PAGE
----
Rare is the beginner backpacker who doesn’t get at least a few blisters in their early days. Left unmanaged, blisters can grow extremely painful and disruptive, ruining your hike, and can even lead to more serious health complications if they become infected.

Listen to our podcast on Beginner Backpacking Mistakes 2.0

It’s crucial that you come prepared with supplies like Leukotape (useful for covering existing blisters or protecting hotspots to prevent them from forming in the first place), a needle and alcohol prep pads for safely puncturing any blisters that do develop, secondary liner socks to reduce friction and rub on your feet, and hiking shoes that you have thoroughly vetted for comfort and fit ahead of time.

9. Not Knowing Your Gear

My first pack was from REI, and it hurt me, literally. I would come out of a three-day camping trip with huge bruises on my hips. I didn’t know the pack was not my size. For my thru-hike, I purchased a smaller-sized pack (which had to be ordered online instead of purchased in a store) and haven’t looked back. Knowing your pack inside and out will make you more efficient in packing up and hiking. Know how your pack should adjust to your body with weight in it, as well as how to pack for short and long distances. Your pack is an extension of your body; know it well, and your body will be happy.

In addition to knowing how to adjust (and pack) your backpack properly, you should be comfortable setting up your tent and know whether your “20-degree” sleeping bag actually keeps you warm on a freezing night. Don’t let your first backpacking trip be the first time you actually use your gear. If possible, take a few practice trips (or spend a few nights in the backyard) to learn the ins and outs of your setup. It’s probably best to avoid very complicated gear choices (frameless packs, trekking pole tents, etc.) as a beginner.

10. Not Following Leave No Trace

beginner backpacking mistakes

Beginner backpacking mistakes: Sleeping with your food. Photo via Cosmo Catalano.

We have all seen trashed campsites or even human waste littering the trail. I know not all those who litter the trail are beginners, but Leave No Trace is a big rule for camping that must be implanted in the beginner before the first step.

Always bring something to throw away your trash in, such as a plastic bag, and be prepared to pack out ALL of your garbage, including used toilet paper. Bury your human waste in a six-inch deep hole AWAY from the trail and campsites. Don’t sleep with your food and smellable items—either hang them or store them in a bear-resistant container so they don’t attract wildlife.

The Seven Principles are:

  1. Plan Ahead and Prepare
  2. Travel and Camp on Durable Surfaces
  3. Dispose of Waste Properly
  4. Leave What You Find
  5. Minimize Campfire Impacts
  6. Respect Wildlife
  7. Be Considerate of Others

11. Not Considering Time and Pace

Many beginners assume they’ll be able to travel both faster and farther each day than is really realistic.

As a beginner, your pace might not be the quickest. Therefore, you must evaluate an attainable timetable of when you will reach your destination. Evaluate your day’s hike by difficulty and weather. Then, approximate how many hours this will take. If you are unsure of how many miles per hour you can do, just assume a conservative one mile per hour at first.  You do not want to summit a mountain late in the day to find that your slower pace leaves you still miles away from your desired campsite when the sun sets.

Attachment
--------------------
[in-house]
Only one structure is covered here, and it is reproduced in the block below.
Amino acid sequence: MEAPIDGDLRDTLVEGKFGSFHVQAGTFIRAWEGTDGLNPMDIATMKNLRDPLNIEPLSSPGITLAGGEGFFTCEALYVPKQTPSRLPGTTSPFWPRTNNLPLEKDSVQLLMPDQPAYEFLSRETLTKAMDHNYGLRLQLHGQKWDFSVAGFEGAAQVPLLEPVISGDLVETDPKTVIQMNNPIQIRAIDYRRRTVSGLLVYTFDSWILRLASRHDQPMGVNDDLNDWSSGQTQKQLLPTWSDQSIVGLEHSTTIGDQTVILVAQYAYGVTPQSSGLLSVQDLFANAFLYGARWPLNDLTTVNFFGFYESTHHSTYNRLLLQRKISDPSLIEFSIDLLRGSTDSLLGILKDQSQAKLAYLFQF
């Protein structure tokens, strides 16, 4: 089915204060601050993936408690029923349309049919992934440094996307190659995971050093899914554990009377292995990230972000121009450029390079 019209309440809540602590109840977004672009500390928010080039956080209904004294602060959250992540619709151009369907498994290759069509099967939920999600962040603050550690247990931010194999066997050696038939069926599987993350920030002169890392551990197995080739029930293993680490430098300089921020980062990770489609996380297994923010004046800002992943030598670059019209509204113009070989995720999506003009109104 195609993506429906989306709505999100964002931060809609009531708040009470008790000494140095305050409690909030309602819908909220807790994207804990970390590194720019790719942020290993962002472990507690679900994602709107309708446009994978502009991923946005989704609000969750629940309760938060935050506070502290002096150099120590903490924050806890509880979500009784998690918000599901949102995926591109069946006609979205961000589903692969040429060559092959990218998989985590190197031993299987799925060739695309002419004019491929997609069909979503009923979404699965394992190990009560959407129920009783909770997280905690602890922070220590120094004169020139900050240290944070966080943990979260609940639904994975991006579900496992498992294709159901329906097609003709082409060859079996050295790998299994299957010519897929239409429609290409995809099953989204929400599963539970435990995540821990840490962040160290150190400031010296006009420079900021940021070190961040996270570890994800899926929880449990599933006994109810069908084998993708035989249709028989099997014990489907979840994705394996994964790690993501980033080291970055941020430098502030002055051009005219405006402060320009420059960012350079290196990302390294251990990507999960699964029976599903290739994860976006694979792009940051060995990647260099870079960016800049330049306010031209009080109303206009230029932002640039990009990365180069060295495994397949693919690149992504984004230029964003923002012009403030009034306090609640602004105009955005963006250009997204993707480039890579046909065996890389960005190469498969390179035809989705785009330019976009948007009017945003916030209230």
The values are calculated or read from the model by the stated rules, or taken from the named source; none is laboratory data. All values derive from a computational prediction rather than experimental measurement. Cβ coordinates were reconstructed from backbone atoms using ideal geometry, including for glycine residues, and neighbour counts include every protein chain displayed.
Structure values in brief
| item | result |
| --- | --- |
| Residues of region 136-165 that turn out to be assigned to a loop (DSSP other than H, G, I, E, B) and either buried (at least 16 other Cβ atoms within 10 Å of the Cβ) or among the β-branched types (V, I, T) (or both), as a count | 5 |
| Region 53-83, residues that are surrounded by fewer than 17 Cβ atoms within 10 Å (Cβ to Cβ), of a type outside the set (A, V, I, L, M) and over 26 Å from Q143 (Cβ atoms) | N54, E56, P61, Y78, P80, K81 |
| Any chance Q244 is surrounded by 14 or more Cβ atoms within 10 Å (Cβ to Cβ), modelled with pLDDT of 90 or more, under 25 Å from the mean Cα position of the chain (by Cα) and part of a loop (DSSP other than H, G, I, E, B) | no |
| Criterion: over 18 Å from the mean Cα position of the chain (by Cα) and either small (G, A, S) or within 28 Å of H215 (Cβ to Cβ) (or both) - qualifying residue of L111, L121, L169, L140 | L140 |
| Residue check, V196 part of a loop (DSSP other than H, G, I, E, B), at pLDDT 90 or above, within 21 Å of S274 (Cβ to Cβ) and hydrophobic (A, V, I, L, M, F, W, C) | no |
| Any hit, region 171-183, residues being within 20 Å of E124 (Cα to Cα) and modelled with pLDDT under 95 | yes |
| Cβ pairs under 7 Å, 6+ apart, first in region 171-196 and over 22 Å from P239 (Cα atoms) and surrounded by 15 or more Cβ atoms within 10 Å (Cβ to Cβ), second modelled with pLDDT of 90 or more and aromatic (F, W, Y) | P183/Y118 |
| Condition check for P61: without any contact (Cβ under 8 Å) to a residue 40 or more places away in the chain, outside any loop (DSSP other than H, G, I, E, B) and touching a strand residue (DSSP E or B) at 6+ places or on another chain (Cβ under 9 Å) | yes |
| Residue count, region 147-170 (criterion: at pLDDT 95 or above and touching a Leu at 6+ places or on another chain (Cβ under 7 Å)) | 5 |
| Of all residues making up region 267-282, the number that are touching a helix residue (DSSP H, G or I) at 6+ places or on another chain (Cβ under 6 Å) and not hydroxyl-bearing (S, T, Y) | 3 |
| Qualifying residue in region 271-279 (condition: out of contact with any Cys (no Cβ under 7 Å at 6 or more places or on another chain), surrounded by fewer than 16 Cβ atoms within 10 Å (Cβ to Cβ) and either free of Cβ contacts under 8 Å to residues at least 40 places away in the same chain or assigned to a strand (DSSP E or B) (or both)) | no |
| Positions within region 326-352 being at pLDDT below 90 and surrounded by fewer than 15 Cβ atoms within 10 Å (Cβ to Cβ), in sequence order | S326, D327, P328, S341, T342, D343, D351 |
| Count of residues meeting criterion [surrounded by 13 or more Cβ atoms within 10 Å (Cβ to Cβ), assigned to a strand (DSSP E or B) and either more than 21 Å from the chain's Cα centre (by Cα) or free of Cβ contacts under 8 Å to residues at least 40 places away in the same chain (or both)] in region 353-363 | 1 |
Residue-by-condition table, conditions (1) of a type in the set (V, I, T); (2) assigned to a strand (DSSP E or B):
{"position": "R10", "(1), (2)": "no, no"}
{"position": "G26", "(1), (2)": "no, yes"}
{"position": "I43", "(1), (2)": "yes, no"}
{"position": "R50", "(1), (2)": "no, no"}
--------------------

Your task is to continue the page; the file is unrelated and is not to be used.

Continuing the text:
Similarly, start out with relatively short days. Most AT thru-hikers start out with around eight to 10 miles per day until their bodies adjust to the rigors of the trail.

12. Not Streamlining Your Water Setup

beginner backpacking mistakes

Beginner backpacking mistakes: water setup. Pictured: Cnoc Vecto bladder filtering into Evernew collection bag via a Sawyer Squeeze with cleaning coupling.

Water is an area where many beginner hikers have room for improvement. I see a lot of hikers using finicky hydration bladders, bulky pump-style water filters, Nalgene bottles, and/or elaborate gravity-fed filtration setups. While there’s nothing inherently wrong with any of the above, a more streamlined system will be lighter, cheaper, and easier to use.

Experienced hikers often carry just a Sawyer Squeeze, a couple of one-liter Smartwater bottles, and perhaps an optional collection bag such as the Cnoc Vecto. This no-frills setup doesn’t cost you much in space, weight, or actual money, and filtering water this way is fast, simple, and clean.

READ NEXT – Platypus Quickdraw vs. Katadyn BeFree vs. Sawyer Squeeze

13. Failing to Read the Room (or Shelter)

It’s all about R-E-S-P-E-C-T, people. Many beginners envision long nights by the campfire, swapping stories and maybe even playing a little music. There’s nothing inherently wrong with that, but consider your neighbors before building a huge fire and staying up all night. A shelter full of AT thru-hikers eager to get to bed early so they can hit the trail first thing in the morning may not be the best setting for your shindig.

If you’re camping with a large group and you want to stay up late at night, try to camp away from other people so as not to disturb them.

14. Not Budgeting

Gear, supplies, transportation to and from the trailhead, etc. all cost money. And if you’re a long-distance hiker, the amount you’ll spend on those basics will likely pale in comparison to the amount you spend on hot food, lodging, laundry, shuttles, and other amenities of the Town Vortex. In fairness, many hikers successfully enjoy the backcountry on a shoestring budget. However, it requires a lot of discipline and the good fortune to not face injuries, family emergencies, or other unforseen circumstances that could throw a wrench in your finances.